There are those would say that present-day Mexico is an example of the famous phrase of Giuseppe di Lampedusa (about Sicily of the Risorgimento) that everything has changed so that everything may go on just as it was. And others say that Mexico has not changed at all. I disagree with both views. I have been a witness — from various perspectives — to my country’s political life for almost fifty years and I am quite sure of one thing: Mexico has really changed.
It’s become known as the Peña Nieto model of political ascent, after the current Mexican president, Enrique Peña Nieto: Drape a comely television star on the arm of a telegenic governor. Get attention from a major television network. Then turn on a spigot of cash for publicity.
Many say the tactic helped President Peña Nieto, who is married to a former television actress, triumph in 2012. Now, other governors are trying to do the same – with mixed results.
Gov. Manuel Velasco Coello of Chiapas state is one of them. Like Peña Nieto, his smile lights up his surroundings.
For the past year, Mr. Velasco, Mexico’s youngest governor at 33, has been a staple in society magazines, partly because of his romance with Anahi Giovanna Puente Portilla, a soap opera star and singer who is universally known by just one name: Anahi (pronounced ah-nah-EE). Her tweets from her @anahi account constantly proclaim her love for the governor.
Mexican President Enrique Peña Nieto said Wednesday that the vigilante “self-defense” groups of Michoacan had “in no way” been allowed to expand on his watch, even though the groups began to emerge three months after his inauguration and have indeed grown in scope and power since.
Michoacan’s armed vigilantes went on the offensive this month, seizing control of a number of towns and communities and declaring their intention to directly confront their enemy, the Knights Templar drug cartel, given the government’s inability to root it out of the southwestern state. Peña Nieto’s government was forced to send in a surge of troops and federal police last week to avert a bloodbath.
Peña Nieto’s comments came during a layover in Gander, Canada, as he was making his way to the World Economic Forum in Davos, Switzerland, an event, he said, that would be a “great opportunity to promote Mexico.”
Mexico begins the new year bathed in predictions that its “moment” has finally arrived thanks, primarily, to a frenzy of reforms since President Enrique Peña Nieto took office in December 2012.
But beneath the glow, question marks hang over the country because of its longstanding security crisis, rampant poverty, inequality – and even the reforms themselves.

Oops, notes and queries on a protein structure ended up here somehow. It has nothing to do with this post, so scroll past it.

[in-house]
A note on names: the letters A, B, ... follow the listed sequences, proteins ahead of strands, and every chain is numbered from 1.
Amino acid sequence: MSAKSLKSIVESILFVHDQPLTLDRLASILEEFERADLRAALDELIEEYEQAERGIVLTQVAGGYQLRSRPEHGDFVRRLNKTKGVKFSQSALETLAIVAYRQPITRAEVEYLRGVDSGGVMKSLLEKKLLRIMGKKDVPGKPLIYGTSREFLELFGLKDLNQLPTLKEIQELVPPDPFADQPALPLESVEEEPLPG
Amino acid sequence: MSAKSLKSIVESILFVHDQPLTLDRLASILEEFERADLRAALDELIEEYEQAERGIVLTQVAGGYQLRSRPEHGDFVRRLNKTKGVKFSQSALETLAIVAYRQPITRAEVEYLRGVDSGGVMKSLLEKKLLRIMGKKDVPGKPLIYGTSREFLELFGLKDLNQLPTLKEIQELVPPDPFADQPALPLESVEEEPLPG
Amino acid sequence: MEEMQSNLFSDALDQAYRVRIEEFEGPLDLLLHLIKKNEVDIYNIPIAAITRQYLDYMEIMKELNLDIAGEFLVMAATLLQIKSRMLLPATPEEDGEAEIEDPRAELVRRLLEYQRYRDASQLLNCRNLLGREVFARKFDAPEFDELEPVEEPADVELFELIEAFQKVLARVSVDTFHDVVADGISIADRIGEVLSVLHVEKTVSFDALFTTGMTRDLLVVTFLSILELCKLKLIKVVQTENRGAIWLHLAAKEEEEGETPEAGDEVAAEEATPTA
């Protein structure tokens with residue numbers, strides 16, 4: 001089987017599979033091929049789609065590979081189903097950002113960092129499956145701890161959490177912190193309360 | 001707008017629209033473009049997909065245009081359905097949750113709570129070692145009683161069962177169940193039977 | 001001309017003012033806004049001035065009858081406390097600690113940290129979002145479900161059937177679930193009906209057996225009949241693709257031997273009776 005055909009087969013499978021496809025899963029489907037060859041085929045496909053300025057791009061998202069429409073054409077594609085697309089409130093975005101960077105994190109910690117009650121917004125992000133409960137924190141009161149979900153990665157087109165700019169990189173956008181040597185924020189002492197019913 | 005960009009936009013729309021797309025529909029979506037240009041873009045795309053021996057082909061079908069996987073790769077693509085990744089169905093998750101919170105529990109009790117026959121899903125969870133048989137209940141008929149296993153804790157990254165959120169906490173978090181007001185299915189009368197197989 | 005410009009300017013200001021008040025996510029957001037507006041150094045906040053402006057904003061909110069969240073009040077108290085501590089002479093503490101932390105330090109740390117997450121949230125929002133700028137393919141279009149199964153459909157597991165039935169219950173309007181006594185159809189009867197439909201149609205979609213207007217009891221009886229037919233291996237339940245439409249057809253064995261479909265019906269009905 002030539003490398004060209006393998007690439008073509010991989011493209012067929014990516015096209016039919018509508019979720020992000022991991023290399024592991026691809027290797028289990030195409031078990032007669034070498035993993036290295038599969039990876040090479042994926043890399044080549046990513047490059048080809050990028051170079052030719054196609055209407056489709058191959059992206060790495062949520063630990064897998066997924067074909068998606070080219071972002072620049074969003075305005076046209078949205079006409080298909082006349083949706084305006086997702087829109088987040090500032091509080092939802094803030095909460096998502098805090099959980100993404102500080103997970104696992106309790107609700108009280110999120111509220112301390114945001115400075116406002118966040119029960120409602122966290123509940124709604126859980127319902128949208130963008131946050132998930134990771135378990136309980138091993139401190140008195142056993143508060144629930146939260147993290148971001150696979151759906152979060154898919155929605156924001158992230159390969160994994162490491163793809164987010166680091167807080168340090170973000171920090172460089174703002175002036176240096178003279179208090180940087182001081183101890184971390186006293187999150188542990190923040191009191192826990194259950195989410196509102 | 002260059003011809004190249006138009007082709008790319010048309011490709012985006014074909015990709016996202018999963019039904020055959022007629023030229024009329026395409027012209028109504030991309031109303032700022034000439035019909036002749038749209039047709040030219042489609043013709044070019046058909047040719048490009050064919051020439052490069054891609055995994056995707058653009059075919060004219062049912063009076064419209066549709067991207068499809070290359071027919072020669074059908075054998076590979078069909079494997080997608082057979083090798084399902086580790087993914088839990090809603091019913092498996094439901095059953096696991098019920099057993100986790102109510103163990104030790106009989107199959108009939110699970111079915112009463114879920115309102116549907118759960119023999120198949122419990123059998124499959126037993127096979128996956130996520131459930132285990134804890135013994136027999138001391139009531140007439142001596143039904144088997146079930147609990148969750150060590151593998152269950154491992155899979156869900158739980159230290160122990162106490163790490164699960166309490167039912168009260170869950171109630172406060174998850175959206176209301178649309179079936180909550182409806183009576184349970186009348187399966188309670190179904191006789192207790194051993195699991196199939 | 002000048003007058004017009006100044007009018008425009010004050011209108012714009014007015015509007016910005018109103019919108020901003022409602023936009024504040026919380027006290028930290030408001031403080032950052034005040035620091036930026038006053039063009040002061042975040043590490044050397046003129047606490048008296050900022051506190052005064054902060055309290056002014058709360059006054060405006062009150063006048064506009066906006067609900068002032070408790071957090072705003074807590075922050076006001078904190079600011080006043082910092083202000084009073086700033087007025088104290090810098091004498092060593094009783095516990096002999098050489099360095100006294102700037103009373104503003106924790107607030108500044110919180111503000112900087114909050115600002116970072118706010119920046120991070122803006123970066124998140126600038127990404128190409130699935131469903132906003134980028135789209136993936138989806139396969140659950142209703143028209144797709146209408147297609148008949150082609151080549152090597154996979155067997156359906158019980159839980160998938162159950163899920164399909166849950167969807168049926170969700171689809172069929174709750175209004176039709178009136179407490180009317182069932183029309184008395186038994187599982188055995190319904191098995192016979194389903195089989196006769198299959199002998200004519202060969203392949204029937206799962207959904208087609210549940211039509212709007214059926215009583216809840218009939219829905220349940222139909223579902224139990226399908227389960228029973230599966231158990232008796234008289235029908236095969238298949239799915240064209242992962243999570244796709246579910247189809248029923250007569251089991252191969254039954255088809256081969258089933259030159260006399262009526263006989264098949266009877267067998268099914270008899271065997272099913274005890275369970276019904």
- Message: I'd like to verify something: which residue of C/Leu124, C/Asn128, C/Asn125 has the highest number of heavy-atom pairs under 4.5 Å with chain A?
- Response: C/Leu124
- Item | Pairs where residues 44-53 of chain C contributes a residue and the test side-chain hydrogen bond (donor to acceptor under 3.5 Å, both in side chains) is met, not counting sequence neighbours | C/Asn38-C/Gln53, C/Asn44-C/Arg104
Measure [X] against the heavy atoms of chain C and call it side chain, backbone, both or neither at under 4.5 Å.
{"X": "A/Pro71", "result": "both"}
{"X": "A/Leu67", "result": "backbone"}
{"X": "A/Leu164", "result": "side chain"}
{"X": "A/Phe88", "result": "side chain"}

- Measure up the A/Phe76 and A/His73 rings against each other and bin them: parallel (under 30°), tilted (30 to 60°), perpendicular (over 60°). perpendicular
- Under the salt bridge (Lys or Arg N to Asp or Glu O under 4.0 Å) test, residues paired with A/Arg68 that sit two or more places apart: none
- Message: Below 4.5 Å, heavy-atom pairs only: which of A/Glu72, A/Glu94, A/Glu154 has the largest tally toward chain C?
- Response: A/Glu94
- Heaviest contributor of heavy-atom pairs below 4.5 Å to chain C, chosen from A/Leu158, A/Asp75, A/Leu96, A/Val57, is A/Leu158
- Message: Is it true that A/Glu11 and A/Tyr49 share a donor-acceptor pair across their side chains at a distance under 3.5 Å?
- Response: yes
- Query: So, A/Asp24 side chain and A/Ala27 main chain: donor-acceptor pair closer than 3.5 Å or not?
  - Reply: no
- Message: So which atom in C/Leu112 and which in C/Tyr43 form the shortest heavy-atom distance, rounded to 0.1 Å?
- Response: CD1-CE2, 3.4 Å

“If things go well, Peña Nieto could go down in history as one of the great reformers of the past 100 years,” says political analyst Raymundo Riva Palacio. “If it does not, the failure will be monumental.”
The New York Times, 12/12/2013
Every gas station in Mexico is stamped with the green-and-white logo of the state-owned oil monopoly, the economic lifeblood of the government. Oil Expropriation Day, commemorating the day Mexico seized control of the industry from multinationals in 1938, is celebrated with speeches and even parades in some towns. An old song, “The Oil Worker Hymn,” credits oil with “saving our fatherland.”
But now, President Enrique Peña Nieto, in what could be the biggest economic change in two decades, is on the verge of rewriting the constitution to open Mexico’s oil, gas and electricity industry to private investment — a provocative move that could shake up the North American energy industry and test the storied grip Mexico’s oil has had on its soul.
Mexico’s lower house passed an energy bill that ends Petroleos Mexicanos’s 75-year oil monopoly in a bid to attract foreign investment and boost growth.
Lawmakers approved the bill in general terms in a 354-134 vote late yesterday and continue to discuss minority-party challenges to specific articles. If these are rejected, the initiative will be sent to Mexico’s states, where it’s likely to receive approval from more than half of the legislatures, the threshold for changing the constitution.
The bill, passed by the Senate two days ago, would change Mexico’s charter to permit companies such as Exxon Mobil Corp. (XOM) and Chevron Corp. (CVX) to drill for oil for the first time since 1938. It would allow production sharing and licenses for outside companies that will also be able to log crude reserves for accounting purposes. Supporters say it will boost economic growth, while opponents say it will funnel the nation’s resource wealth to foreign investors.
Mexico has taken a giant step toward the most radical opening of the country’s nationalized oil and gas industry in 75 years, a move analysts say could boost lagging petroleum production here and further cement North America’s new reputation as an energy-producing powerhouse.
Passage of a bill in the Mexican Senate was hailed this week by oil industry analysts and goes much further in the effort to attract outside investment to Mexico than a proposal originally introduced in August by President Enrique Peña Nieto’s centrist Institutional Revolutionary Party, or PRI. Peña Nieto praised the more vigorous measure Wednesday.